Regarding Iran’s helicopter attacks against PJAK camps in Iraqi Kurdistan over the weekend, John McCreary at NightWatch wonders:
That the Turkish aircraft get a pass is due to lobbying by PM Tayyip Recep Ergogan in November 2007 that has gone a long way towards redrawing the map of northern Iraq from a Turkish-Kurdish standoff into a Turkish-Kurdish partnership. There’s still some ground to cover on that remapping, but the progress to date is pretty extraordinary.
As for the Iranian attacks, McCreary cites the AFP, which describes them as cross-border raids. On the other hand, Reuters reported that the helicopters were “used to fire from the Iranian side of the border.” Either way, the attacks were accompanied by Iranian shelling and constitute a violation of Iraqi sovereignty, drawing formal Iraqi protest and the summoning of the Iranian ambassador.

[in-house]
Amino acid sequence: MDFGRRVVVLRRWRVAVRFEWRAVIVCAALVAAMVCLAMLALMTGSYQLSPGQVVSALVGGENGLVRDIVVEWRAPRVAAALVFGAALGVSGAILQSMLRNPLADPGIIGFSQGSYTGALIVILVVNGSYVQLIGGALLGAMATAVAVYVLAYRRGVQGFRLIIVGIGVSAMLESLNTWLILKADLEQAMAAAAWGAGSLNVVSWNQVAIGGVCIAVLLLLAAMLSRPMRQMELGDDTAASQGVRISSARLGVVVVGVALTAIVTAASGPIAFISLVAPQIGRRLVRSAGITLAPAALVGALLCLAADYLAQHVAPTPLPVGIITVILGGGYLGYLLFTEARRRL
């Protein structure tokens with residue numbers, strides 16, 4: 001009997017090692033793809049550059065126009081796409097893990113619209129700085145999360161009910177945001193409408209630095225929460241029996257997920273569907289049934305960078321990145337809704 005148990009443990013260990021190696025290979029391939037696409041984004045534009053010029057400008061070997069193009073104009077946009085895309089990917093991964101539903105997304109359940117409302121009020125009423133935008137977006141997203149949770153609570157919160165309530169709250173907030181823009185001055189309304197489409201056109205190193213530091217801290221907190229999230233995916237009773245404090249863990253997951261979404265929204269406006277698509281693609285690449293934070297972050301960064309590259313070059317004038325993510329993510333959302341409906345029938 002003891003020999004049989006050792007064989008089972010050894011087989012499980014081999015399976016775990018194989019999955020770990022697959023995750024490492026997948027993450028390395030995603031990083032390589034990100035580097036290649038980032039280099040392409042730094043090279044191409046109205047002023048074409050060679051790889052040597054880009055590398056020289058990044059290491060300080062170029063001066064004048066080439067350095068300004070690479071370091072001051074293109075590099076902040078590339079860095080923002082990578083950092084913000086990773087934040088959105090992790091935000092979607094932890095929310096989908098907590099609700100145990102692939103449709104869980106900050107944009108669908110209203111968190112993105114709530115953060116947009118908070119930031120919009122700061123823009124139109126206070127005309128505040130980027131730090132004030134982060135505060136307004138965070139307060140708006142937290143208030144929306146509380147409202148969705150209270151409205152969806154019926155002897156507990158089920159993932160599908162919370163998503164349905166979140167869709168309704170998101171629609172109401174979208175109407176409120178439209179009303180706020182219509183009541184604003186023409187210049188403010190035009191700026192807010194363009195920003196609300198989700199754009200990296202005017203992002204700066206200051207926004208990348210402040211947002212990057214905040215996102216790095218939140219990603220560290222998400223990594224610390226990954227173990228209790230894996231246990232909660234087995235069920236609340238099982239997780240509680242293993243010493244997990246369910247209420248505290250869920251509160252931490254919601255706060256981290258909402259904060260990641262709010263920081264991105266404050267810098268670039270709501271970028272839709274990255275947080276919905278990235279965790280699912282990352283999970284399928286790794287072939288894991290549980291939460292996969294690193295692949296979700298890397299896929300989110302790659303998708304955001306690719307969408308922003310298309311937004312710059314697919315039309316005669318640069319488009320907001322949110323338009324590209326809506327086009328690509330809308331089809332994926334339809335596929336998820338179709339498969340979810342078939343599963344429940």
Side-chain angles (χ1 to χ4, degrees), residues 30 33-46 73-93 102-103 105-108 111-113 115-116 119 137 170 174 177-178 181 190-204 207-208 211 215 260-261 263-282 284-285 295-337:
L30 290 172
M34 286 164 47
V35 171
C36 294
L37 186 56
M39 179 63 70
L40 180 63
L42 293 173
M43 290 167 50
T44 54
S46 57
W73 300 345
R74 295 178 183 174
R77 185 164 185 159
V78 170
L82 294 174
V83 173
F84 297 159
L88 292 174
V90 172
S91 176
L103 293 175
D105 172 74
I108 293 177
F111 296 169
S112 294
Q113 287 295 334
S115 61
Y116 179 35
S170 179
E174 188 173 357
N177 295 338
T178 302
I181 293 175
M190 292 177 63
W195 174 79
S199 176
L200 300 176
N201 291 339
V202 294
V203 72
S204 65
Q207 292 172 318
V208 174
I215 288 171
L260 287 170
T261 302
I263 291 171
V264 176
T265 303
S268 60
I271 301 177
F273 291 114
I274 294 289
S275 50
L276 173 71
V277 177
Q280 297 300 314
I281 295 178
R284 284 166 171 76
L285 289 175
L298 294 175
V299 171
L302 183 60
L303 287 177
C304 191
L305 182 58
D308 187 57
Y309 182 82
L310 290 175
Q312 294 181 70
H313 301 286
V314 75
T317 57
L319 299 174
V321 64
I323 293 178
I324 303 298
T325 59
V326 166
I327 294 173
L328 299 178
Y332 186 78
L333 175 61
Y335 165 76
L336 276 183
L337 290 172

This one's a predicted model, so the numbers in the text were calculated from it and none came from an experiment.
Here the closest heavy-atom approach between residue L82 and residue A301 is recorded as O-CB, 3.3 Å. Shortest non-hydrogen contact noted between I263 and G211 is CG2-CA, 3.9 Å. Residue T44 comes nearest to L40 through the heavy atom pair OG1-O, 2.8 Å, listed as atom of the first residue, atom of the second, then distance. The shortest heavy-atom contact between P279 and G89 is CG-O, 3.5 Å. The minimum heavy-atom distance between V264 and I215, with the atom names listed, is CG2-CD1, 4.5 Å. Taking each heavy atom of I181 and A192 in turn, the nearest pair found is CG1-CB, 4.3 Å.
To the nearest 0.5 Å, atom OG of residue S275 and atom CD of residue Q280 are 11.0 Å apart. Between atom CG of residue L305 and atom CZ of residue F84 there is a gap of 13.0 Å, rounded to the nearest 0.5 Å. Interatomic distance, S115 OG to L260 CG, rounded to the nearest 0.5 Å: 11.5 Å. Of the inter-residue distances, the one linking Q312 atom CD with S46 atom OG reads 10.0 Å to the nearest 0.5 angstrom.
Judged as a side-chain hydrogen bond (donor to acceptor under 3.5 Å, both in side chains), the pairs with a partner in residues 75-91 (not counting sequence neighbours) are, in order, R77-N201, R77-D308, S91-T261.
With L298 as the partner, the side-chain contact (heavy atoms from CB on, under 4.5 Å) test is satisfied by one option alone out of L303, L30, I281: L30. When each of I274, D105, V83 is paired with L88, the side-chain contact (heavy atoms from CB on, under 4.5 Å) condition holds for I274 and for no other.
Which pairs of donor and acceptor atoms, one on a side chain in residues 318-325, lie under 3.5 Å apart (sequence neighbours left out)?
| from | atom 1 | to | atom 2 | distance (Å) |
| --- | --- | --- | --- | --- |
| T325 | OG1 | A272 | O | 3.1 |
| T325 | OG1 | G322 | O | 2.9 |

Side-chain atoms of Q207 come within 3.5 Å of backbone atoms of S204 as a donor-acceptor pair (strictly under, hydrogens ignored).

Two thoughts. First, there’s a certain irony to the fact that Iraqi Kurdistan, once a U.S.-enforced no-fly zone under Saddam Hussein’s regime, has become a free-fly zone under the U.S. occupation. I suspect that might very much interest the Israelis, who I’m sure will be keeping a close eye on any shifts in U.S. coverage of the northern Iraq-Iran air corridor resulting from these incidents.
Second, addressing Iran’s concerns over PJAK in the same way we addressed those of Turkey over the PKK could serve as yet another low-cost point of U.S.-Iranian engagement. The refusal to do so is a holdover policy from the Bush administration that keeps the powder dry while creating sparks all around it.